Rule of Law, Democracy, Openness, and Income: Estimating the Interrelationships

30 Pages Posted: 24 Sep 2004 Last revised: 24 Aug 2009

See all articles by Dani Rodrik

Dani Rodrik

Harvard University - Harvard Kennedy School (HKS); Centre for Economic Policy Research (CEPR); National Bureau of Economic Research (NBER)

Roberto Rigobon

Massachusetts Institute of Technology (MIT) - Sloan School of Management; National Bureau of Economic Research (NBER)

Multiple version iconThere are 3 versions of this paper

Date Written: September 2004

Abstract

We estimate the interrelationships among economic institutions, political institutions, openness, and income levels, using identification through heteroskedasticity (IH). We split our cross-national dataset into two sub-samples: (i) colonies versus non-colonies; and (ii) continents aligned on an East-West versus those aligned on a North-South axis. We exploit the difference in the structural variances in these two sub-samples to gain identification. We find that democracy and the rule of law are both good for economic performance, but the latter has a much stronger impact on incomes. Openness (trade/GDP) has a negative impact on income levels and democracy, but a positive effect on rule of law. Higher income produces greater openness and better institutions, but these effects are not very strong. Rule of law and democracy tend to be mutually reinforcing.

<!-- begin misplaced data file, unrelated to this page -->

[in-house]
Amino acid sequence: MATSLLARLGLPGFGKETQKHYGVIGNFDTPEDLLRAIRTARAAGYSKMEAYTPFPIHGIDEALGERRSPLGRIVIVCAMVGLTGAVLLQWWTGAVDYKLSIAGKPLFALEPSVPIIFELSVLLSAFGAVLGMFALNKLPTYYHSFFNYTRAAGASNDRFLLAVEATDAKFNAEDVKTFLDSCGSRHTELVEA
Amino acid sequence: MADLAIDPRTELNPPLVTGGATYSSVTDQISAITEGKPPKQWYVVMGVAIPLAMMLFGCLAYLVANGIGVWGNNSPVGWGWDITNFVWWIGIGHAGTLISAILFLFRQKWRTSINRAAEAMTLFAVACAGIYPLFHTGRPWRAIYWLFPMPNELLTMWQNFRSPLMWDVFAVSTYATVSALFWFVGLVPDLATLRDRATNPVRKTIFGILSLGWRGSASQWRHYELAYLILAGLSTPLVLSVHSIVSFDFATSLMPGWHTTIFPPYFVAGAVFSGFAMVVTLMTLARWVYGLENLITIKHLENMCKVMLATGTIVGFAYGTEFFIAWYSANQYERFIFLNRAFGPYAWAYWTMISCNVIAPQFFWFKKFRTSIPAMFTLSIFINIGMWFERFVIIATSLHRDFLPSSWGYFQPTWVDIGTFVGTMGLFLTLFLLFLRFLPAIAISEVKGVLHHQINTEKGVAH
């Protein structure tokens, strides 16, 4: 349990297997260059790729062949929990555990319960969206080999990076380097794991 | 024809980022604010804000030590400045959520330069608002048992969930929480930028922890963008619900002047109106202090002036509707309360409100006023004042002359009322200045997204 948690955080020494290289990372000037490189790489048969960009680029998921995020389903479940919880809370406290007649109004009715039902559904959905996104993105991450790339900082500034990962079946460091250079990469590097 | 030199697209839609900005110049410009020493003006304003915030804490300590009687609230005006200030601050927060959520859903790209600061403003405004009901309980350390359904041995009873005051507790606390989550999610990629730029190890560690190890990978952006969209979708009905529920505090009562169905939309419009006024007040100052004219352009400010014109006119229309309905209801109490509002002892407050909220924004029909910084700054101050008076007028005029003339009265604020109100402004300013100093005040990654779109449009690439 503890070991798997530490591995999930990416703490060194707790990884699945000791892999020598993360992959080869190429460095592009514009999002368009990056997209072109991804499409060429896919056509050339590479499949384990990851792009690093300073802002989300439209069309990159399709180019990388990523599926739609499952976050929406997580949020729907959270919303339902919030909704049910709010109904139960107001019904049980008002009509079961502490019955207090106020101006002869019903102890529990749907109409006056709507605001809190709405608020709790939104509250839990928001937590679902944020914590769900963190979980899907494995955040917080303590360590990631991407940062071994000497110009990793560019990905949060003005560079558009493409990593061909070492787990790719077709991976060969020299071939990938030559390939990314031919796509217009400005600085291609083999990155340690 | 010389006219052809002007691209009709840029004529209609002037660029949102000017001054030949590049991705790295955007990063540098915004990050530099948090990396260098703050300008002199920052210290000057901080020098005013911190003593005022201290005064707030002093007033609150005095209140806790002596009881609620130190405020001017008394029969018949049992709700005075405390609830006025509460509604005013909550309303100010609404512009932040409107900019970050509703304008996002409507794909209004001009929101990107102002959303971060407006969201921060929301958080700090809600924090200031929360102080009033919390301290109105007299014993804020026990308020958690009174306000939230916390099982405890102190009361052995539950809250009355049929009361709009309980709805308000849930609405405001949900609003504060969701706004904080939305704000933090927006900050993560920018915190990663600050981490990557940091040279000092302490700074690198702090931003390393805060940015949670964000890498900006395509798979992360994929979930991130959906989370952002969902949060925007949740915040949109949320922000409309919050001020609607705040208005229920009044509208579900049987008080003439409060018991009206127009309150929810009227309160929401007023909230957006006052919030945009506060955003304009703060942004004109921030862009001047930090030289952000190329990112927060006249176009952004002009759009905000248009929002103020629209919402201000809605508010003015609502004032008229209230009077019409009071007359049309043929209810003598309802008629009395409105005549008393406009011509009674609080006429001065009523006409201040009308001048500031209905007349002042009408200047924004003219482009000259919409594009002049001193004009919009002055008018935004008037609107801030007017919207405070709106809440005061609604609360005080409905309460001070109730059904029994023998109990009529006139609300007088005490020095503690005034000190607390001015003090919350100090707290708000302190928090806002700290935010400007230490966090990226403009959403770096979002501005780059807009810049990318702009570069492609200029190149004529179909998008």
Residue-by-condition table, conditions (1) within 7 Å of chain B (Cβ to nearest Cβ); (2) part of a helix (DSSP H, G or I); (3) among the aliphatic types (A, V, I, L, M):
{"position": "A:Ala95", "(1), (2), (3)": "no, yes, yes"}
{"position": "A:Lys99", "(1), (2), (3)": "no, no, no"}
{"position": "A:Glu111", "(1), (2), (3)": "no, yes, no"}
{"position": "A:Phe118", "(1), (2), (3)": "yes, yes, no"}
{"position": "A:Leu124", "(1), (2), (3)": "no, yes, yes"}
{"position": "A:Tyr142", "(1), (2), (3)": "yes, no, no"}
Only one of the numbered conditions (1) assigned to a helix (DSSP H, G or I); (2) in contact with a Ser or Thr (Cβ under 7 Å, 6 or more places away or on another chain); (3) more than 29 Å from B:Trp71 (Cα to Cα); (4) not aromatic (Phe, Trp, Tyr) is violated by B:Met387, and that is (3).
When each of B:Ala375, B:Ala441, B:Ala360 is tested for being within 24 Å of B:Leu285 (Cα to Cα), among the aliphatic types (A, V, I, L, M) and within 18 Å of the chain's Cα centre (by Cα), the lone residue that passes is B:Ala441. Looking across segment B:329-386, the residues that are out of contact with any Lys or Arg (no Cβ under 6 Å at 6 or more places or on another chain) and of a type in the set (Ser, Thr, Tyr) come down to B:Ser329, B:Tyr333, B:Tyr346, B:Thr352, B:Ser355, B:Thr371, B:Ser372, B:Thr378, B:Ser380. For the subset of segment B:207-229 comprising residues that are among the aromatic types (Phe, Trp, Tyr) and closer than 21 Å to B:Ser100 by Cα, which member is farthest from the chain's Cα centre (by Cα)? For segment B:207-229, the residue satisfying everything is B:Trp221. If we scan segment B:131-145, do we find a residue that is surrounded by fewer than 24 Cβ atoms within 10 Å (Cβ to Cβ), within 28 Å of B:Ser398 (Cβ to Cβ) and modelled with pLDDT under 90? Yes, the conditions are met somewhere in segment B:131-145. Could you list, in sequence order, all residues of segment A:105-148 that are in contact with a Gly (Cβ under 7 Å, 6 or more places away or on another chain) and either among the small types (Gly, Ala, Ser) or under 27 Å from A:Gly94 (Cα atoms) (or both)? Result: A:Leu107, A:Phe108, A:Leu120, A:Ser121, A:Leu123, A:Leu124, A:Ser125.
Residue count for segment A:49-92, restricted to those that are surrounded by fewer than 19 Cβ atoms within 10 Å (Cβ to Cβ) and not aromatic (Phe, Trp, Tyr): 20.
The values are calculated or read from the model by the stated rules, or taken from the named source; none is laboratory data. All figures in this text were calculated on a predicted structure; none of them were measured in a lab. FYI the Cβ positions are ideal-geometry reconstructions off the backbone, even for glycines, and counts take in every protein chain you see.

Suggested Citation

Rodrik, Dani and Rigobon, Roberto, Rule of Law, Democracy, Openness, and Income: Estimating the Interrelationships (September 2004). NBER Working Paper No. w10750. Available at SSRN: https://ssrn.com/abstract=590745

Dani Rodrik

Harvard University - Harvard Kennedy School (HKS) ( email )

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National Bureau of Economic Research (NBER)

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Roberto Rigobon (Contact Author)

Massachusetts Institute of Technology (MIT) - Sloan School of Management ( email )

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National Bureau of Economic Research (NBER) ( email )

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